To improve certification, a decentralization paradigm would lift the unreasonable regulations on licensing and authorization. Strict government regulations on a variety of professional jobs, ranging from barbers to taxi drivers, create barriers to entry for those in poverty seeking professional-skills based work. Lifting these requirements would create new avenues for work and skills training, which is already being realized through Uber and AirBnb, companies that allow a host of people to participate in services that would normally require months of certification.

This decentralization paradigm would address workers’ rights by advocating for greater personalization. For instance, workers would pick and choose from a menu of desired employee benefits. These benefits could range from personalized retirement savings accounts to tuition reimbursement.

Consider health insurance, a decentralization paradigm would allow employers to drop coverage and instead increase employee salaries, who could use the pay to purchase, or not purchase, insurance. Private insurers would then offer a variety of plans and benefits specific to the community. This process would move away from mandates toward increased options.

The government also plays a positive role in decentralization. In welfare, the government would funnel resources from one-size-fits-all benefit programs to more bottom-up programs that empower mediating institutions of society. One instance of a mediating institution is the Charitable Choice program, which allows local, faith-based organizations to apply for government funding in welfare. These local institutions have the community-based knowledge of the local poor that the federal government does not, allowing them to configure programs specific to the poor and integrate them into the community. The government can also funnel resources to state governments in the form of block grants, which give state and local government money to use at their discretion.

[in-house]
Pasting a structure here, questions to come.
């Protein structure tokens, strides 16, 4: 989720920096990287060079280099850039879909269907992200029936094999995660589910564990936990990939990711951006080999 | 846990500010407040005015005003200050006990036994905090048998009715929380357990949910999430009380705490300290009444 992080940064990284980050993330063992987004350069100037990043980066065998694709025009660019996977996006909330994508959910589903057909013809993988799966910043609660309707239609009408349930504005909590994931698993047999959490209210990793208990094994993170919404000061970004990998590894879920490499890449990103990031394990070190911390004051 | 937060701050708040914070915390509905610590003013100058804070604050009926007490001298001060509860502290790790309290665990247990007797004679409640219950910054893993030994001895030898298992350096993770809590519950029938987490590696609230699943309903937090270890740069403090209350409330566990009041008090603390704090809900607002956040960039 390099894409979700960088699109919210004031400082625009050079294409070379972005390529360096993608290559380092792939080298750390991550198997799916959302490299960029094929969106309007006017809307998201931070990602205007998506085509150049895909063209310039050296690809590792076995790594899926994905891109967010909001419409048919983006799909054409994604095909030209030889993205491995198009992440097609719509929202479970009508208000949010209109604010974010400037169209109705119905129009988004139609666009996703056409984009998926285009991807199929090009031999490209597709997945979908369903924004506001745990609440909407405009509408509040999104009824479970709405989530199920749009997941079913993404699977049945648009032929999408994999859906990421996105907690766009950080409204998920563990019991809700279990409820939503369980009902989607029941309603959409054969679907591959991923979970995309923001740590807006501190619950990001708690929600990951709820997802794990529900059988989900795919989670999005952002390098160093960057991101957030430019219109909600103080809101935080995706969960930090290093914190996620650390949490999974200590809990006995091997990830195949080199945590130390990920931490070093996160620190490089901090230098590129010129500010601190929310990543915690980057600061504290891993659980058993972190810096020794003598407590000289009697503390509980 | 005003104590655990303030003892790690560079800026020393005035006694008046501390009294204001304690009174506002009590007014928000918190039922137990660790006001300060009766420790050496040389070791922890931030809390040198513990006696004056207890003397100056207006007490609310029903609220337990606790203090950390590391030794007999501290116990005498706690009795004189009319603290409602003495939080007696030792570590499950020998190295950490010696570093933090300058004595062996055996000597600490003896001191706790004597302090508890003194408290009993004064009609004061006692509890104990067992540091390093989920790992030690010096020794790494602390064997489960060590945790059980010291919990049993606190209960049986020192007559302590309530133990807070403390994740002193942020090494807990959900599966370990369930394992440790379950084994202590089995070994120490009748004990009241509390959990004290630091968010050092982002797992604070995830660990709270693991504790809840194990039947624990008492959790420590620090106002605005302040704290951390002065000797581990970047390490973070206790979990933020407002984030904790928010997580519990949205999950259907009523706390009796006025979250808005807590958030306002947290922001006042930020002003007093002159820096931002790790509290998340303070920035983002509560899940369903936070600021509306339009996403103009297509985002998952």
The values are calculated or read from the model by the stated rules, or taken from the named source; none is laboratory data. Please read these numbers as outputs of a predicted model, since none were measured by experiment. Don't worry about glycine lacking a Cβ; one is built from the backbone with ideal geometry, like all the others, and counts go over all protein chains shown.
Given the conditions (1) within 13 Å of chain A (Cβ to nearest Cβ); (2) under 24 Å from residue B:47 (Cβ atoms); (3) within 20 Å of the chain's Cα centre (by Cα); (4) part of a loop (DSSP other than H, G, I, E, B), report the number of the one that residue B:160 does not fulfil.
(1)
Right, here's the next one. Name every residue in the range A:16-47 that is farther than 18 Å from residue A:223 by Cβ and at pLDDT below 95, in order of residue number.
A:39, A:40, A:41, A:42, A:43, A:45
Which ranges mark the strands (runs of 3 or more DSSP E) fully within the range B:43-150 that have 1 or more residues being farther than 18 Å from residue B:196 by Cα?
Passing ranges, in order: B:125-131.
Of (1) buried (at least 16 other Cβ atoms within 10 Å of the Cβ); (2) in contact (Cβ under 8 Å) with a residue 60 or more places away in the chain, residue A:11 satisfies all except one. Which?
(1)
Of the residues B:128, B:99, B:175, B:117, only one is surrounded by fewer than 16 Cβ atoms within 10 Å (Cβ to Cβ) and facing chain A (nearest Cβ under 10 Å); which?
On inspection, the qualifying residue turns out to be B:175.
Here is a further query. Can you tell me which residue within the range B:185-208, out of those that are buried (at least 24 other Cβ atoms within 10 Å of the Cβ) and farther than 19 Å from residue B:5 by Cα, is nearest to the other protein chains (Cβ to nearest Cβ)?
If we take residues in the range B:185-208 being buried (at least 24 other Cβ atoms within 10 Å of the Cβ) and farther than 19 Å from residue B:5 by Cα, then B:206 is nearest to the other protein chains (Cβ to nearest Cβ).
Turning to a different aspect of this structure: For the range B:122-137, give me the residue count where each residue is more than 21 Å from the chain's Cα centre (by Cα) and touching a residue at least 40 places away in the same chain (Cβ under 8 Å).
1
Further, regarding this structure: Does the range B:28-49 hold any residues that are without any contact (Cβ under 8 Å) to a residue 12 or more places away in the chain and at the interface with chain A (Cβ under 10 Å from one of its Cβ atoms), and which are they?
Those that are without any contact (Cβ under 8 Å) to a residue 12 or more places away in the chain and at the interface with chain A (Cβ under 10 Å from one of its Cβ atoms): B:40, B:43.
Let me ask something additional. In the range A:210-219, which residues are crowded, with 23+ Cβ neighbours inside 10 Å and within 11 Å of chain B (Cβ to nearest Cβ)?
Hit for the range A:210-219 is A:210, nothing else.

Decentralization, first and foremost, is an admission that the federal government is limited in its solutions and a belief that individuals and communities can generate solutions to their specific situation. It solves problems by allowing communities to experiment and find what works. The emphasis on middle organizations acknowledges the sheer diversity of our society and seeks to restructure policies to be attuned with the particular needs of each individual, family, and community.

While this restructuring is essential to adapting to our diffuse society, it is not sufficient. Our problems are not only economic and administrative but also social and cultural. The task at hand then is to apply this paradigm to cultural issues that create sustainable, virtuous communities.